In the captain’s ready-room, Mariner and Freeman are dealing with the fallout from the crew learning their secret. There was a reference to Wesley and Beverly Crusher, which was fun to see, and it seems as though both officers had something to gain by keeping the secret. Mariner didn’t want special treatment, nor to feel as though she was being given an easy ride. And because of Mariner’s poor record, it suited Captain Freeman that nobody knew her daughter was one of the worst officers in the fleet. Mariner’s fears seem to be confirmed when Commander Ransom arrives and treats her differently.
Tendi’s exocomp friend is named Peanut Hamper – a name she chose for herself, believing it to be the best available. Tendi, naturally, loves it, and begins giving Peanut Hamper the same tour of the ship that she received from Boimler and Mariner in the season premiere. Meanwhile, Mariner is having a hard time as the whole complement of the Cerritos is treating her differently. Everyone from senior officers like Dr T’Ana and chief engineer Billups, all the way down to her fellow ensigns and others on the lower decks are all behaving differently around her, and of course she blames Boimler for spilling the beans.
Even Boimler isn’t immune to trying to use his connection to Mariner, though, as he asks her to pass a letter of recommendation to the captain for him. Apparently there’s a promotion up for grabs, complete with reassignment, and Boimler wants it. Mariner decides that a role on a different ship where nobody knows her (and, presumably, where even if they did it wouldn’t do any good without Captain Freeman being present too) is just what she needs, and decides to play it straight for a while to win the promotion. She rolls down her sleeves, fixes her hair, and starts addressing Boimler as “sir.” In a funny moment at the end of the scene, Shaxs bursts in and, in his typical gruff style, tells Boimler that he wants to give Mariner a present, while carrying what looked like a wrapped-up Klingon batleth!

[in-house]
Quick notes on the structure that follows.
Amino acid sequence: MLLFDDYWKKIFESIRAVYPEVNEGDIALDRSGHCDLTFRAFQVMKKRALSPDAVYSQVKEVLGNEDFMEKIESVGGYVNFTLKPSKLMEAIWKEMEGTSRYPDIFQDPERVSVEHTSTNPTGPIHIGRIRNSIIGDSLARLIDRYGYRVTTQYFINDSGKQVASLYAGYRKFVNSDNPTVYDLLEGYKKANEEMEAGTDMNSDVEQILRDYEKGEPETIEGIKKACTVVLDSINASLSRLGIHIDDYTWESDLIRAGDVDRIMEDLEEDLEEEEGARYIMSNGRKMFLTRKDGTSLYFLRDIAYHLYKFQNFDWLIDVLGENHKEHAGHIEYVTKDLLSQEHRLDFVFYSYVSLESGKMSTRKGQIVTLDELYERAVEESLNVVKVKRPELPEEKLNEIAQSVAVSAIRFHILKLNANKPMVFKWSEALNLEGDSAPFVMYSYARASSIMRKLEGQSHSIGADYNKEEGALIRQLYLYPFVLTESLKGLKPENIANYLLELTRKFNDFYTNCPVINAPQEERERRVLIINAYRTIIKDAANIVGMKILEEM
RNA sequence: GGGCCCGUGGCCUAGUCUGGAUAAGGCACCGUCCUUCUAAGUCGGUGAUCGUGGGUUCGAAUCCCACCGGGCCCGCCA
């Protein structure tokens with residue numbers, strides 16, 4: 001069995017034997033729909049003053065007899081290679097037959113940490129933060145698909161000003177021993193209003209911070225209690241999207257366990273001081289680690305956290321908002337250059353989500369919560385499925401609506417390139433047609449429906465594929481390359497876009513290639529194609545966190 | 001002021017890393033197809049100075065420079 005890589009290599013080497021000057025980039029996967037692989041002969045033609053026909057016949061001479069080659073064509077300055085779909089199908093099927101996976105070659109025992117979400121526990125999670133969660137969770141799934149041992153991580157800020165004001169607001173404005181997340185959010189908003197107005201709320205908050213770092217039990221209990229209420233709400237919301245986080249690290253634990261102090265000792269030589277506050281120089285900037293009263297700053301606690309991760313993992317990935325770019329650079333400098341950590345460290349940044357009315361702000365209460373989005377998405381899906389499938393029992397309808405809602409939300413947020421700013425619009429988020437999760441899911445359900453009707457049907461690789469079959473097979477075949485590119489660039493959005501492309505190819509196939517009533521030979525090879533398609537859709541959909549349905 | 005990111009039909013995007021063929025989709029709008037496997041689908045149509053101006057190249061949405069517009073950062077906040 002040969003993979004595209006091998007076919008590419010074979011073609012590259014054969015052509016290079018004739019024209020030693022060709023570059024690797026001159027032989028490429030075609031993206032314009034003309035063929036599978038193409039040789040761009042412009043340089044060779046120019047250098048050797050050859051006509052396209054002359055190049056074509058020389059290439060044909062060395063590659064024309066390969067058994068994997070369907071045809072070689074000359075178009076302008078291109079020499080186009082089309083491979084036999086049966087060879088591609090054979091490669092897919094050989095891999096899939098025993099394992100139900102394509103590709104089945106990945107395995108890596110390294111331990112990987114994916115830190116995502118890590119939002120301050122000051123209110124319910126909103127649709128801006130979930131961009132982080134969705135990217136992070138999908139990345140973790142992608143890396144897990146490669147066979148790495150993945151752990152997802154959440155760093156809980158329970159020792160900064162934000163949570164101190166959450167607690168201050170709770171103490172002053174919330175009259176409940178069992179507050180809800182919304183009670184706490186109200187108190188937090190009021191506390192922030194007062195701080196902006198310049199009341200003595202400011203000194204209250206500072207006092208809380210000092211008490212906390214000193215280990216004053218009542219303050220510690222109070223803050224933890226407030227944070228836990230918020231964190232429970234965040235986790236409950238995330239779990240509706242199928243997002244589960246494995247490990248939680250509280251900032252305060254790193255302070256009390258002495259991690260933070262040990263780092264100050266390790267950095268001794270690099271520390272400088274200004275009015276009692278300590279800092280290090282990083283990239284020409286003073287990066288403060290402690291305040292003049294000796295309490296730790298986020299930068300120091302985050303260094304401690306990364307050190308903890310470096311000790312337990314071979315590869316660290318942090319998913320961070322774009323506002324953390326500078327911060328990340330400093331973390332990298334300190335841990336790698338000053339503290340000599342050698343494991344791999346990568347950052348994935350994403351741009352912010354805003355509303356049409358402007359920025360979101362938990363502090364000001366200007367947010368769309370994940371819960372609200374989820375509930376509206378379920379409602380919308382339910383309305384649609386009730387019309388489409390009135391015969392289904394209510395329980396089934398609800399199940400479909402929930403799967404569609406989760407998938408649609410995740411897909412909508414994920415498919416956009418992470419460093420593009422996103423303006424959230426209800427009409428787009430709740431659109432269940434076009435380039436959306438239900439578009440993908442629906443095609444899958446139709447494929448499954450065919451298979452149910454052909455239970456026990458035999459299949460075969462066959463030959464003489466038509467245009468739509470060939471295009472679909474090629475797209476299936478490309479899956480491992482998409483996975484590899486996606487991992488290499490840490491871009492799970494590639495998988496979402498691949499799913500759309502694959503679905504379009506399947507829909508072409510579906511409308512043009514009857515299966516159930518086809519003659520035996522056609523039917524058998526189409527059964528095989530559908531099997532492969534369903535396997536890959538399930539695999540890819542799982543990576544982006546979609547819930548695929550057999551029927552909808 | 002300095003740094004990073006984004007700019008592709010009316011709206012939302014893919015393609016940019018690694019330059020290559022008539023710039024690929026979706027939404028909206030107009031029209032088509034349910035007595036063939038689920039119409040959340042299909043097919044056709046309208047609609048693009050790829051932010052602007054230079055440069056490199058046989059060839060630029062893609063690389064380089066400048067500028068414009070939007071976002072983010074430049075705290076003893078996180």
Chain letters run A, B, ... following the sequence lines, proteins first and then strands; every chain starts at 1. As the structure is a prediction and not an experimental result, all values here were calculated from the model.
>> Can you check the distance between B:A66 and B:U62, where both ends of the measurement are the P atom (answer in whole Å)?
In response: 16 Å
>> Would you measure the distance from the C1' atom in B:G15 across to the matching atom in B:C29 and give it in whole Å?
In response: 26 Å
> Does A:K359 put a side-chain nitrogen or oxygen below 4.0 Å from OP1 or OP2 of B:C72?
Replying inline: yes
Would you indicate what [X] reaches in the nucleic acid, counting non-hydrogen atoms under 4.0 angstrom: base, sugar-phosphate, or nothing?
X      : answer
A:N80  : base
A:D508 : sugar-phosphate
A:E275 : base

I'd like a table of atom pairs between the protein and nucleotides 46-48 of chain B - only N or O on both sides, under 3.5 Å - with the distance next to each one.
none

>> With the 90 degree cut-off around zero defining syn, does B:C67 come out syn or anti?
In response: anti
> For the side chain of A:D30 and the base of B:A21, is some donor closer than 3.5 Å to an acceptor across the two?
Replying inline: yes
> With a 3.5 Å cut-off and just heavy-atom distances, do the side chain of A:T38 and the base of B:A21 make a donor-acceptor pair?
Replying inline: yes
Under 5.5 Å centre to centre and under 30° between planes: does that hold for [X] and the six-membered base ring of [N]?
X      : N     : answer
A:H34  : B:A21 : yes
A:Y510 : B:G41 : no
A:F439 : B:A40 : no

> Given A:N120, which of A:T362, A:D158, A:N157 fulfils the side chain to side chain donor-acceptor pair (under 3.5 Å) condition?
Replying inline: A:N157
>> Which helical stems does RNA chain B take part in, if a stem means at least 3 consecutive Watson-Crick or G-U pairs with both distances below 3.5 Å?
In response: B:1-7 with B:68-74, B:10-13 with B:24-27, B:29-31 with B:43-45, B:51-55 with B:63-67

After a short scene where Mariner and Boimler both try to press Ransom for the promotion, we’re back with Tendi and Peanut Hamper. Rutherford is in one of the shuttlebays working on a shuttle, and Tendi is worried that Peanut Hamper may not be cut out for Starfleet – despite the fact that she must’ve graduated from the Academy. In sickbay, Dr T’Ana puts Peanut Hamper through her paces, and the little exocomp is more than capable thanks to her technology, despite Tendi’s fears.
Boimler and Mariner argue about the promotion while the ship arrives in the Kalla system (having previously answered the Solvang’s distress call). Any thoughts of the disagreement are immediately set aside as the ship finds the Solvang’s debris and jumps to red alert. On the bridge, the senior staff confirm that there are no life signs amongst the wreckage, and after the explosion we saw earlier I think that’s to be expected! It isn’t long before the aggressive ship rears its head again, this time targeting the Cerritos.
This giant, imposing vessel turns out to belong to a familiar Star Trek race. But it isn’t one we might’ve expected – it’s the Pakleds! The Pakleds were featured in Samaritan Snare during the second season of The Next Generation, and were depicted as slow and stupid. The concept behind them was “all the other aliens on Star Trek are really smart, what if some aren’t?” Which, if you think about concepts like interstellar travel, is a ridiculous idea, but regardless the Pakleds were created and became part of the Star Trek universe. After their debut in The Next Generation, they would occasionally serve as background characters in Deep Space Nine.
Of all the races that could outgun and outsmart the Cerritos, it’s funny that it’s the Pakleds – even though as a race I’ve felt since The Next Generation that they make absolutely no sense. Pakleds could indeed show a degree of cunning, and were known to be selfish and greedy. But the notion that this race could even operate a starship that they’d stolen – much less build one for themselves – is completely silly. Here they’re depicted as stealing starship parts to add to their already-monstrous ship, with their leader claiming he wants “all the ship pieces!”